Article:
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    Harper Forum report - Jonathan Hoyland of Frontier

    Posted 4 February 2011

    By Harper Forum reporter, Charlotte Harley.

    The week’s Harper Forum welcomed Jonathan Hoyland, grain trader for Frontier, the UK's leading crop inputs and grain marketing business.

    Mr Hoyland opened the Forum by providing a glimpse of the market of malting barley, and other grains, and to demonstrate the potential in using such market research.

    He explained the critical factors that affect the market and value of crops;

    • Nutritional substation – cheaper to use barley as wheat prices double in livestock feed?
    • Feed grain complex – comparative prices of grains, and supply available.
    • Consumer cover
    • Political/Access to the market – export tariffs, export ban,
    • Crops in the ground – weather effects
    • Elastic or Inelastic demand

    Mr Hoyland then explained what the grain market is and considered the key concepts of supply and demand.

    The supply picture – growing the crop, yields and percentage of farmers’ crop sold.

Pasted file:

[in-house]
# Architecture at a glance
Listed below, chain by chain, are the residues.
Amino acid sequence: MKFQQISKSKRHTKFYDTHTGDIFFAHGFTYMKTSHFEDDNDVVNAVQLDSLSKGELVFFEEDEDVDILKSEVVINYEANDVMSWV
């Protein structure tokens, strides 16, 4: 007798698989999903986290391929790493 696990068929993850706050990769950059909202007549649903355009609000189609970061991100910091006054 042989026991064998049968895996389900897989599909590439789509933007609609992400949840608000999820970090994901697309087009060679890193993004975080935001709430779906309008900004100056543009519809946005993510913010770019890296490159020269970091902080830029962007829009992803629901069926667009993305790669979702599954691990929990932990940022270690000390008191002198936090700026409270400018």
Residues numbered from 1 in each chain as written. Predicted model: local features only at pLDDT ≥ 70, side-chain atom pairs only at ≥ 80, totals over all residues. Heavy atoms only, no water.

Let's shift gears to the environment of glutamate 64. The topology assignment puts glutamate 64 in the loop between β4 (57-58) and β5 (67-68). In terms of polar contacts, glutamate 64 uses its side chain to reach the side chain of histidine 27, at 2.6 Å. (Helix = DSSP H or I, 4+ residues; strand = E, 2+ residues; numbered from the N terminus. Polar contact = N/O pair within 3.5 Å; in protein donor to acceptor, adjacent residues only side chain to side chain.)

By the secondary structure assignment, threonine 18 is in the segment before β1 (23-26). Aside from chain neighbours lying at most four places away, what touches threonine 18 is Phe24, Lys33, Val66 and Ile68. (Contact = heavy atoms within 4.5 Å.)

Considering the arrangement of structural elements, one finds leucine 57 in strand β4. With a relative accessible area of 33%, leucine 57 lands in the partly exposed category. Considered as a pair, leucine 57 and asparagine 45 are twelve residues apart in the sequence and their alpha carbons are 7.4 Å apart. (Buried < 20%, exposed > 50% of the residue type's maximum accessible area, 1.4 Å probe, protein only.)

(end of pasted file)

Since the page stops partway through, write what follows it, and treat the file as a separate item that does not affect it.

The demand picture- for instance, what happens if the number of 18-35 years olds drops? So too does beer intake. Quality surplus and deficits will affect the aspects of demand and inturn, prices.

    In consideration of this, the job of traders/marketers is the analysis of the affects these changes will make and apply these to different scenarios to discover the possible problems ahead to producer and purchasers.

    For consideration, Mr Hoyland gave these guidelines:

    • Market Volatility is here to stay so be able to review budgets and adapt to price changes.
    • At any one point there maybe 3-5 factors affecting the market so don’t worry about detail but the concept of the situation.
    • Changes will come in the form of fertiliser changes, technology advancement, legislation and through population and demographic reshaping.

    These all mean that arable farming in the UK is an interesting place to be. Proximity to the worlds market can lead to exciting new horizons and that students are lucky in be part of agriculture -  something that is becoming more and more important to the world.

    During questioning, the speaker was asked ‘what as students should we be asking of the market?’ In answer, Mr Hoyland advised to be inquisitive of the changes, but most importantly to not be wrapped up in detail.

    There is no Harper Forum next week due to the Student Union elections, but it will reconvene on Feb 17 with a speaker from the CLA.

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